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Little Children Review

Movies.com Critics

2.5

Dave White Profile

… most annoying … Read full review

Other Critics provided by Metacritic.com

Critics scores range from 0 to 100, with higher scores indicating more favorable reviews.

  • 4.0
    75

    out of 100

    Metascore®
    Generally favorable reviews
    based on a weighted average of all
    critic review scores.

  • 100

    out of 100

    Chicago Tribune Michael Phillips

    Unnervingly good, Little Children is one of the rare American films about adultery that feels right--dangerous, hushed, immediate.

    Read Full Review

  • 50

    out of 100

    Wall Street Journal Joe Morgenstern

    Mr. Field is a filmmaker with an exceptional gift for directing actors -- he's an actor himself -- and an eye for telling detail. (His cinematographer here, as in the previous film, is Antonio Calvache, and again the images are quietly sumptuous.) Yet I was put off by Little Children's satiric tone.

  • 75

    out of 100

    USA Today Claudia Puig

    Little Children maintains much of the power, humor and nuance of Tom Perrotta's wonderful novel, but seems unsure if it's a satire or a serious drama.

    Read Full Review

  • 90

    out of 100

    The Hollywood Reporter

    Providing richness of detail and metaphor, elegantly blueprinted themes and impressive mastery of a constantly shifting tone, Little Children does just that. It is a deeply satisfying film.

    Read Full Review

  • 91

    out of 100

    Entertainment Weekly Lisa Schwarzbaum

    A jolting, artfully made drama set in and around a suburban playground somewhere between "American Beauty" and "In the Bedroom" on America's psychic highway.

    Read Full Review

  • See all Little Children reviews at Metacritic.com

For Families provided by Common Sense Media

not for kids

Mature story of suburban fear and yearning.

What Parents Need to Know

Parents need to know that this thought-provoking drama from the director of In the Bedroom probably won't be on most kids' radar. Just as well, since it includes some very mature images and ideas, including Internet porn and masturbation, adulterous sex and lies to spouses, child abuse (discussed, not shown), self-mutilation (off-screen, but with visible bloody results), and loud, intense football action. There are repeated references to a child predator who's been released from prison (neighbors campaign against him, TV reports discuss the case, parents go into a frenzy at a public pool when he shows up); he's also the center of a very disturbing scene in which he masturbates while his blind date cries helplessly, sitting next to him in her car. There are also several sweaty sex scenes between an adulterous couple, with nudity (bottoms and breasts), though these tend to be more "romantic" than explicit. Several uses of "f--k," plus other mild profanity.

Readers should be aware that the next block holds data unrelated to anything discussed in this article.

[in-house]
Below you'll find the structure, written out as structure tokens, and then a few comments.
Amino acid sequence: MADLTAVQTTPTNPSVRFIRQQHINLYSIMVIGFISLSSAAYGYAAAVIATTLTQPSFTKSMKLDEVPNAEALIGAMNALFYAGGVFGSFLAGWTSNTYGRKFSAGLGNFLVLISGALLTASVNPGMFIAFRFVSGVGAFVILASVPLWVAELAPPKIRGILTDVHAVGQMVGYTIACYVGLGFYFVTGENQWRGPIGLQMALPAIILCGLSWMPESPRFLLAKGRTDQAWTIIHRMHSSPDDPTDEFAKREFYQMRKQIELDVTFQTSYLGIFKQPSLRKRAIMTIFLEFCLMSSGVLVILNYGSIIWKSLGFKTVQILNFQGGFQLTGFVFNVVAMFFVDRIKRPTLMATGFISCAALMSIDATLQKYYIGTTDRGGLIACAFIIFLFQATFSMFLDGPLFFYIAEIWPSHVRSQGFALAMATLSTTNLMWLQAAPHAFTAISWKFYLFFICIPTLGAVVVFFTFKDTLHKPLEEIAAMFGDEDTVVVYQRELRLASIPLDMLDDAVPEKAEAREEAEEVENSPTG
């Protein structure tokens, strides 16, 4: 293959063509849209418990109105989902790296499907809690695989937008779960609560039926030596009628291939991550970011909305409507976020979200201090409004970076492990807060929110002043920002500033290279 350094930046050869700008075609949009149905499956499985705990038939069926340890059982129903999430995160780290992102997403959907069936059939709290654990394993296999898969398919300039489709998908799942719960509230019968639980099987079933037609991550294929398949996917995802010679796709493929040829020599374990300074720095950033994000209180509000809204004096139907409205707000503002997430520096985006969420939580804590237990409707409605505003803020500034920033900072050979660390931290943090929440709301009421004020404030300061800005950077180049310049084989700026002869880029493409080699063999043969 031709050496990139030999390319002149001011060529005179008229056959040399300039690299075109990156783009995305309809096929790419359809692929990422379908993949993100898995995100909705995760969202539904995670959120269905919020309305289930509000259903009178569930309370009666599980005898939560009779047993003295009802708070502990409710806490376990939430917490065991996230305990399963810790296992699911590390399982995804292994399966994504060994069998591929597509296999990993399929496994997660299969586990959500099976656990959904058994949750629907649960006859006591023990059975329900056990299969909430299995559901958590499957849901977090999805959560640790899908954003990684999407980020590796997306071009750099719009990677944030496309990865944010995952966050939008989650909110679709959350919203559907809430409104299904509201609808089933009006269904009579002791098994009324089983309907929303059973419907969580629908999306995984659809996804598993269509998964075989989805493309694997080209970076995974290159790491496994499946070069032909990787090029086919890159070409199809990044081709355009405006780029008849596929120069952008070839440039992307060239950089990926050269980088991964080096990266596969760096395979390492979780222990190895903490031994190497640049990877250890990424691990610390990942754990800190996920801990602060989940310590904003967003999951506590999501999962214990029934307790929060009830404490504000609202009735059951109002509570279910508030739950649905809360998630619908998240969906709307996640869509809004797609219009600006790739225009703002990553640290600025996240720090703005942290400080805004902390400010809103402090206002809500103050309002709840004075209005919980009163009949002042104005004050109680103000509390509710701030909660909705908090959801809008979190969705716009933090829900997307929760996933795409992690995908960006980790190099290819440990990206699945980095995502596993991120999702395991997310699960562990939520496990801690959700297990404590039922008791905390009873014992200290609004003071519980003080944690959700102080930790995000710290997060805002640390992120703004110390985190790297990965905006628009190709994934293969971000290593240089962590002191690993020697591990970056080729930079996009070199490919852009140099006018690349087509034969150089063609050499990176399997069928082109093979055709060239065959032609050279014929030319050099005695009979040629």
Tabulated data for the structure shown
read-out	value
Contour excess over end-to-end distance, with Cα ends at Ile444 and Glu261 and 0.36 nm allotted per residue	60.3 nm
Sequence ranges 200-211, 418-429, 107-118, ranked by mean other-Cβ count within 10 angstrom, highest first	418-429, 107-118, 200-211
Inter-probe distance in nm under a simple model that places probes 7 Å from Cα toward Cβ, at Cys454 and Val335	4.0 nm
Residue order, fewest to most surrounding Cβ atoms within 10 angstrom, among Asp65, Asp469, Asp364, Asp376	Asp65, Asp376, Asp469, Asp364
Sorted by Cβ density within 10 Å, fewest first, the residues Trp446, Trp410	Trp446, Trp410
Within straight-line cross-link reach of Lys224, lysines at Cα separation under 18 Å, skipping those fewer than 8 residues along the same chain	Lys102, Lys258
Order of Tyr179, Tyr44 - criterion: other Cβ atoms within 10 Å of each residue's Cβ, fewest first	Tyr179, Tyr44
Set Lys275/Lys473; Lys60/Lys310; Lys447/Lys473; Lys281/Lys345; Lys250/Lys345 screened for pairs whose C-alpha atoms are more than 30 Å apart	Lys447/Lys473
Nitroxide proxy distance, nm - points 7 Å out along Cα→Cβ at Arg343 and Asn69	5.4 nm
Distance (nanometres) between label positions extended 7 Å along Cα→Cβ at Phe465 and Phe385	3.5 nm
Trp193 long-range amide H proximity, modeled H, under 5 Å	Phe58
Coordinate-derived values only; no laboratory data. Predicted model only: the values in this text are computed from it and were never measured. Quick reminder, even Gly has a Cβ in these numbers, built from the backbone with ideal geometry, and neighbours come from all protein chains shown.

• Families can talk about the relationships between adults and children throughout the movie. Who are the "little children" of the title -- the kids or their parents? How do the adults look after their kids but also leave them vulnerable? How do the adults behave like children themselves? Why do you think Sarah and Brad are so dissatisfied with their lives? When does their relationship cross the line? Is the movie out to humanize Ronnie McGorvey, condemn him, or some of both? Do you think the characters overreact to having him in their midst, or is their fear justified?

The good stuff
  • message true0

    Messages: Characters lie and commit adultery; a central storyline involves a convicted pedophile recently released from prison and harassed by neighbors (including graffiti on sidewalk and house); consequently, there's much discussion of pedophilia and the violent neighborhood tactics to punish him; adults tend to treat their children as accessories while behaving like children themselves.

What to watch for
  • violence false3

    Violence: A few football scenes are hard-hitting (sound and images); a man mutilates himself off-screen (with very bloody on-screen results); an elderly woman suffers heart failure during an argument; a fall off of a skateboard jump leaves a man in a neck brace; discussion of a past shooting.

  • sex false5

    Sex: Adulterous affair includes sexual activity and some nudity (including bottoms and breasts); intercourse on a washing machine, on the floor, in a bed; a character visits an Internet porn site and masturbates with a pair of panties on his face.

  • language false3

    Language: Several uses of "f--k," plus other profanity.

  • consumerism false3

    Consumerism: Labels and brands glimpsed and/or mentioned include Porsche, FedEx, Goldfish crackers, Vanity Fair magazine, and Dunkin' Donuts.

  • drugsalcoholtobacco false3

    Drinking, drugs and smoking: Cigarette smoking and some social drinking; one character discusses her "mostly psychotropic" medications.

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